1001 Jazz Licks Pdf
Licks are short musical phrases, usually played over the context of a chord or chord progression. You can learn them by ear from one of your favorite jazz musicians, from teaching resources, or even create your own.
1001 jazz licks pdf
This book presents 1,001 melodic gems played over dozens of the most important chord progressions heard in jazz. This is the ideal book for beginners seeking a well-organized, easy-to-follow encyclopedia of jazz vocabulary, as well as professionals who want to take their knowledge of the jazz language to new heights.
I am also looking/learning and started improvising with this book "1001 jazz licks".I obviously pick what I like and transpose it up or down half steps, circle of fifth and in any way I know for variations.
Judging from the title of your book and what reviewers have said about it, you should probably look for a different book. Contemporary jazz is built on an entire system of theory that differs significantly from the traditional system.
Having said that, IMO, as an experienced musician your ears are your best guide, not theory or books - the theory is secondary. You need to listen to plenty of jazz, jazz played by the masters: Musicians like Louis Armstrong, Duke Ellington, Charlie Parker, Dizzy Gillespie, Miles Davis, Thelonious Monk, Horace Silver, Dave Brubeck, Charles Mingus, John Coltrane, Eric Dolphy... More than any theory, jazz is about feel and sound and timing - things that can't be learned from books.
Also try to spend some time seeking out live jazz - preferably in clubs, where spontaneous new jazz is created on the spot, not formal jazz "concerts", a term which might even be an oxymoron.
With the sound of jazz in your ears, try improvising on familiar tunes - the traditional standards and even common every day tunes like Happy Birthday or Mary Had a Little Lamb provide great frameworks for jazz improvisation. You can find endless of good material for improvisation in a fake book, for example: The Real Book: Sixth Edition
Just play the tune and let your imagination kick in. I don't have classical training, but my understanding is that is often the most difficult aspect for those moving from classical to jazz: Learning to let your own imagination and musical instincts take charge, instead of just reading off the page and doing a bit of interpretation or following the conductor.
Although you are already a trained musician, if you're serious about playing jazz, also consider finding a good jazz teacher: Someone who will appreciate your already existing level of musicianship and help move you in the right direction for playing jazz. It doesn't have to be a lot of lessons - maybe only one or two sessions would be enough, just to "give you a push in the right direction".
You are very fortunate to be a trained musician that already has the basic tools at your disposal: Musical literacy and command over your instrument. Books certainly help, but ultimately using your ears and your innate musical talent will teach you how to use those tools to create better jazz.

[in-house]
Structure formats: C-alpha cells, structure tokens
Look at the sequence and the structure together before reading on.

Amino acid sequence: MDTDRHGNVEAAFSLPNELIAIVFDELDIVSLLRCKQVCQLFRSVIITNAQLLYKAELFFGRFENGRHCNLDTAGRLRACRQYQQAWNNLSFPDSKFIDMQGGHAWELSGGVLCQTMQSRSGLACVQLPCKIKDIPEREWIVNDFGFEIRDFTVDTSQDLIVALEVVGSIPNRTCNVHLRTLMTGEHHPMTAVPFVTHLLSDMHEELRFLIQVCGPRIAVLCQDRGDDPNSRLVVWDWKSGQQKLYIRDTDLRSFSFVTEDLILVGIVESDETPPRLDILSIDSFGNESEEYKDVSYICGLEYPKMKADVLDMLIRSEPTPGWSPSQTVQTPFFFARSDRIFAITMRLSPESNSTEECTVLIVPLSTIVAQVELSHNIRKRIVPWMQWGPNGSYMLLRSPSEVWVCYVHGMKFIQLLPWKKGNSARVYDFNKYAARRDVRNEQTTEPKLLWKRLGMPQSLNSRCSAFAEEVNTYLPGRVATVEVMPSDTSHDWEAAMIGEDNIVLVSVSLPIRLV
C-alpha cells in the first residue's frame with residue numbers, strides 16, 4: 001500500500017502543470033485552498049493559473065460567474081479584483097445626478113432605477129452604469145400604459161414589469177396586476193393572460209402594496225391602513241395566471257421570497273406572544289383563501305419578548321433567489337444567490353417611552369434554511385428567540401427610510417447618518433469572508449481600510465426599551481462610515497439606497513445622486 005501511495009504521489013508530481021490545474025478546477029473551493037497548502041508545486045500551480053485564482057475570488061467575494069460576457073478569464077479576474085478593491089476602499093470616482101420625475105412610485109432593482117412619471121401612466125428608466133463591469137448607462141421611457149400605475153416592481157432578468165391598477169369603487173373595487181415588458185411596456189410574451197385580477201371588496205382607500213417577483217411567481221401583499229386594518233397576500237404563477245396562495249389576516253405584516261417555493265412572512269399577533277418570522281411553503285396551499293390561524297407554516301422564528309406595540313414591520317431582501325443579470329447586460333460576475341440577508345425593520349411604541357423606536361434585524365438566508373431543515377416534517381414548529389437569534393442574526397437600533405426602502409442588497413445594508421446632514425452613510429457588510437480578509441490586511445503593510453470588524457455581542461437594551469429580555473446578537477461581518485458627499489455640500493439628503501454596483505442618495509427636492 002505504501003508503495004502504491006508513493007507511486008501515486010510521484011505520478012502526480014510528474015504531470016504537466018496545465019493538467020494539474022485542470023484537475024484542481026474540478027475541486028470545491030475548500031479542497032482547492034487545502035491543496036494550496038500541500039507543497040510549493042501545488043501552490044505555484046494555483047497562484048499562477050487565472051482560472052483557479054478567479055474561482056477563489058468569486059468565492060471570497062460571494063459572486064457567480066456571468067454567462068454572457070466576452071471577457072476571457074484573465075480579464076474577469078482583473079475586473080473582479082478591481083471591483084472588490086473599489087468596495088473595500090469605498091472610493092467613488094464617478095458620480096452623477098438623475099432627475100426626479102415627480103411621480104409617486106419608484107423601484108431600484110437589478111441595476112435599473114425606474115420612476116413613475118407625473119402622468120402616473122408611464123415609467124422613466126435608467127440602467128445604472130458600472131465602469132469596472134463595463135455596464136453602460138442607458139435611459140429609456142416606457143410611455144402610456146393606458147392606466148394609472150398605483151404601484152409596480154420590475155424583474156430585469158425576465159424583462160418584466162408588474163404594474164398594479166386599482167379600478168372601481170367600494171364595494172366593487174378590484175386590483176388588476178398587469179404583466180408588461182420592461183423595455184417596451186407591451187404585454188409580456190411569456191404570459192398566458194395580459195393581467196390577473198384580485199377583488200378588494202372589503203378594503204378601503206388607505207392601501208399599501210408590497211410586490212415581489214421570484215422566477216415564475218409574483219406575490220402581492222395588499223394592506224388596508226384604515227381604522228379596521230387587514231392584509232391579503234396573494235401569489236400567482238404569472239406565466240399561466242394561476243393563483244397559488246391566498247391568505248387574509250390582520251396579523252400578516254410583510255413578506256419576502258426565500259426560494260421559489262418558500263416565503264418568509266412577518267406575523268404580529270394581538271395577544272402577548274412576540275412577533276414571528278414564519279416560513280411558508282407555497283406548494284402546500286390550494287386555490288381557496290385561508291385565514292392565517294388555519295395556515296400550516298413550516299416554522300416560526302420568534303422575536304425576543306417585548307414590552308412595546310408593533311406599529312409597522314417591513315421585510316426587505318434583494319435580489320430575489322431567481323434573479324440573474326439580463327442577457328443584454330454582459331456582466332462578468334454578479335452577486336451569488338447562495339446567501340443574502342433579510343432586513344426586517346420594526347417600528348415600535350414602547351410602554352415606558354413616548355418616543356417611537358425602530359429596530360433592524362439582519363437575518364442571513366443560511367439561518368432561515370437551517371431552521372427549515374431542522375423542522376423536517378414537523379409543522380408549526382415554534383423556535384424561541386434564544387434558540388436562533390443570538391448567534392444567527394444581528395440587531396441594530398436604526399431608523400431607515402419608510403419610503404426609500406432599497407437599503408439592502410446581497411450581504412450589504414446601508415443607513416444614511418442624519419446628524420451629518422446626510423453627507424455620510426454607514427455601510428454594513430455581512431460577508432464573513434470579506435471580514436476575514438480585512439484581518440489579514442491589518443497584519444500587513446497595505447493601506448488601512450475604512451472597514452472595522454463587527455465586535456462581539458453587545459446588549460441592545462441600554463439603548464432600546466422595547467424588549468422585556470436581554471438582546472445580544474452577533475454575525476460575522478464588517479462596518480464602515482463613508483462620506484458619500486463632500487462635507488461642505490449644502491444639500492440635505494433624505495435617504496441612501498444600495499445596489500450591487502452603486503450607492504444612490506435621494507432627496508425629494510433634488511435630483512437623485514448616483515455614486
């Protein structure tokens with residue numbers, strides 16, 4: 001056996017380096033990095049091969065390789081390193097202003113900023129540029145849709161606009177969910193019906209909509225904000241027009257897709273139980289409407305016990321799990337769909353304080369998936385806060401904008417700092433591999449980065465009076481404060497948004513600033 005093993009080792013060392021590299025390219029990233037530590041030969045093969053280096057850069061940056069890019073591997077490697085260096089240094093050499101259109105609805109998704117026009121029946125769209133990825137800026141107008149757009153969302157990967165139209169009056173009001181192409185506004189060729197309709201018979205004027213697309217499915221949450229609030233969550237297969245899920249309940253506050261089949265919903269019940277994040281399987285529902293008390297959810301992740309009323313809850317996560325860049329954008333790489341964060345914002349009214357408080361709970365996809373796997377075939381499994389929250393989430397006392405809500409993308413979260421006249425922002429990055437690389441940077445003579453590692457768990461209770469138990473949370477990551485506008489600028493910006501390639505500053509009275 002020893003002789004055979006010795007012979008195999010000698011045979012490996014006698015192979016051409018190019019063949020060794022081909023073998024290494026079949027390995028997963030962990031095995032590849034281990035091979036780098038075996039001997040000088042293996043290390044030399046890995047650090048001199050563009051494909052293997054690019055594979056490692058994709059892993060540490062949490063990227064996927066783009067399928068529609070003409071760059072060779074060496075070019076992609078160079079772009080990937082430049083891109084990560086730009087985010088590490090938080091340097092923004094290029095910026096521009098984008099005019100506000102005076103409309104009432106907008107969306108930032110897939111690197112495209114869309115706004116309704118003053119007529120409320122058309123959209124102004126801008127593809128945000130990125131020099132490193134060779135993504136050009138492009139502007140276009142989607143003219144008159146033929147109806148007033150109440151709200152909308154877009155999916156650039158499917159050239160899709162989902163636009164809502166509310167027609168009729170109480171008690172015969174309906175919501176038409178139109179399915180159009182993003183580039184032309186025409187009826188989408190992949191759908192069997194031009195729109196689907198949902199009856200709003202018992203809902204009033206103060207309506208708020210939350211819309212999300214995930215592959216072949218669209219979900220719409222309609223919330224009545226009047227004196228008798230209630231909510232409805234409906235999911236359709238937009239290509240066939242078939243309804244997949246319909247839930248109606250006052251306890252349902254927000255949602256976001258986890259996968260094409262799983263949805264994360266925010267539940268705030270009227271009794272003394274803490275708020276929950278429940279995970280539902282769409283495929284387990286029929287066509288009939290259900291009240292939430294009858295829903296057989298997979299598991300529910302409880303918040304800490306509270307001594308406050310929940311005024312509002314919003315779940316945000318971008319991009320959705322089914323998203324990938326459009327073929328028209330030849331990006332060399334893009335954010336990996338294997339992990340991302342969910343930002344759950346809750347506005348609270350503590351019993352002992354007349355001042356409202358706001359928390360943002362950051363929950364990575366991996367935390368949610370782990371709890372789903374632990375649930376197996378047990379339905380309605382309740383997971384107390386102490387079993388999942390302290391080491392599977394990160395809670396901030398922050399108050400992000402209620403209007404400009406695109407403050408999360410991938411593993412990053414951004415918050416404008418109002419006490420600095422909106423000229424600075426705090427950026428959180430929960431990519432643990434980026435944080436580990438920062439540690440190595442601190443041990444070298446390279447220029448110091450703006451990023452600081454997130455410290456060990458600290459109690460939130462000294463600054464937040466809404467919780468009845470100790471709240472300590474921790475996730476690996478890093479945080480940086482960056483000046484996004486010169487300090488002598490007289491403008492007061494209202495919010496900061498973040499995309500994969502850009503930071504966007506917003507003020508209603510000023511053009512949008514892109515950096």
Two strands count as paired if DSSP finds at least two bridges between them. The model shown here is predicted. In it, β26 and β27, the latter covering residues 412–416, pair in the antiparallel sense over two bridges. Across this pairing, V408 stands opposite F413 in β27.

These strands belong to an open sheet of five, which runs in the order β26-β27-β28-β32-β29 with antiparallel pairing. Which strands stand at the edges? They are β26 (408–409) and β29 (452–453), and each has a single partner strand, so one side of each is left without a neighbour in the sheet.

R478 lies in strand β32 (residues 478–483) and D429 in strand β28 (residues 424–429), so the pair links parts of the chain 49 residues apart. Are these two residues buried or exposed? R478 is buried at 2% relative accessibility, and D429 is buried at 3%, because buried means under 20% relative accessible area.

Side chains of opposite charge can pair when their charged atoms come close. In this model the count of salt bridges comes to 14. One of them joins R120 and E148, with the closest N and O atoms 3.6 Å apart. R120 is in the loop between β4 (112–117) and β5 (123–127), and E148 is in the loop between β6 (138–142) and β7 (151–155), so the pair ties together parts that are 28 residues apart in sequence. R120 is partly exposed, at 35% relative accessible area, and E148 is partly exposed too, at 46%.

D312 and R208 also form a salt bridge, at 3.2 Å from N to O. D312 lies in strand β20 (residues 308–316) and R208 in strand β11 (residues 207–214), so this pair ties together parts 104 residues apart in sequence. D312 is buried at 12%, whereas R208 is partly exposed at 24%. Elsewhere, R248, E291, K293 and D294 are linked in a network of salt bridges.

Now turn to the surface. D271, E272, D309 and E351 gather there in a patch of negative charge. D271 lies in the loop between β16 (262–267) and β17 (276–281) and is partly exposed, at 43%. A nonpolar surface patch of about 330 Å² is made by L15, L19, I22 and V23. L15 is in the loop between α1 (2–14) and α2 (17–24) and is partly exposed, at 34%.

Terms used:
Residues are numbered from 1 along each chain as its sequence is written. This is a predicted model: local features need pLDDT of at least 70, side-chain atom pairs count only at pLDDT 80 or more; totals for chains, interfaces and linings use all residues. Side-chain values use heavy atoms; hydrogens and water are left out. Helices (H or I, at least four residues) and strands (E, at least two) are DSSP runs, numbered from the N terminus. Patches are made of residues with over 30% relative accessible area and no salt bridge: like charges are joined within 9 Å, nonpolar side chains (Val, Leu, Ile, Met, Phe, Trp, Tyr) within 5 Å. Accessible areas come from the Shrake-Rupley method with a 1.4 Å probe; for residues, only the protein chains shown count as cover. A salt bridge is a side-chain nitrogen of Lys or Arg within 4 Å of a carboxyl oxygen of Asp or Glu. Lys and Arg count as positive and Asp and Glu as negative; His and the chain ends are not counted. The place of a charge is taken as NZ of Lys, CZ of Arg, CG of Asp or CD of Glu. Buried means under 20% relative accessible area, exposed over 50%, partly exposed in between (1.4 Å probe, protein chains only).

It's worth bearing in mind that jazz standards treasure melody. The original melody is a gold mine for improvisation. For one thing, it already fits the chord changes. For a second thing it contains phrases/motives that you can use for sequences, or modify. If you spend some time seeing how many ways you can modify the existing melody, or indeed an existing solo, your own improvisation will have more context than a random ii V I. There is also a world of fun to be had seeing how far you can go with quoting snatches of memorable melodies and using them as sequences, or playing them starting on different scale (or non scale) tones.These snatches of familiar melodies, with their memorable rhythms, are little parcels of logic and cleverness that you can use to your advantage. When You Wish Upon a Star, Salt Peanuts, Over Hill Over Dale, All Day all Night Mary Ann, The Andy Grifiths Theme, The Untouchables TV theme, advertising jingles, themes from My Fair Lady, The Sound of Music, Bach inventions... the list is endless. Often they can be used to add humour, but, because they have a 'power' in themselves, these quotes can be used in a poignant way too.
It sounds like you're doing the later. Keep in mind that it's not just the melodic sequence that makes it sound like jazz but maybe even more importantly the underlying harmonic context. If you take a line that was originally played over a Dm7, it may not work when played over a different chord because they entire point of the line was that it was using or dancing around the chord tones of a Dm7.
As for what key you should play in, that's part of the art. If the changes of a particular part of the song fall into say C Major, then playing in C Major will give you the most "inside" or diatonic sound. But part of jazz is playing "outside" or specifically creating dissonance that can later be resolved (or not).
Knowing the idiom, or learning the vocabulary as some say, is a huge part. Some people start with classic Bebop like Charlie Parker because most jazz that came after it had its roots there. But just listen to a lot of Jazz and try to transcribe the parts that you like.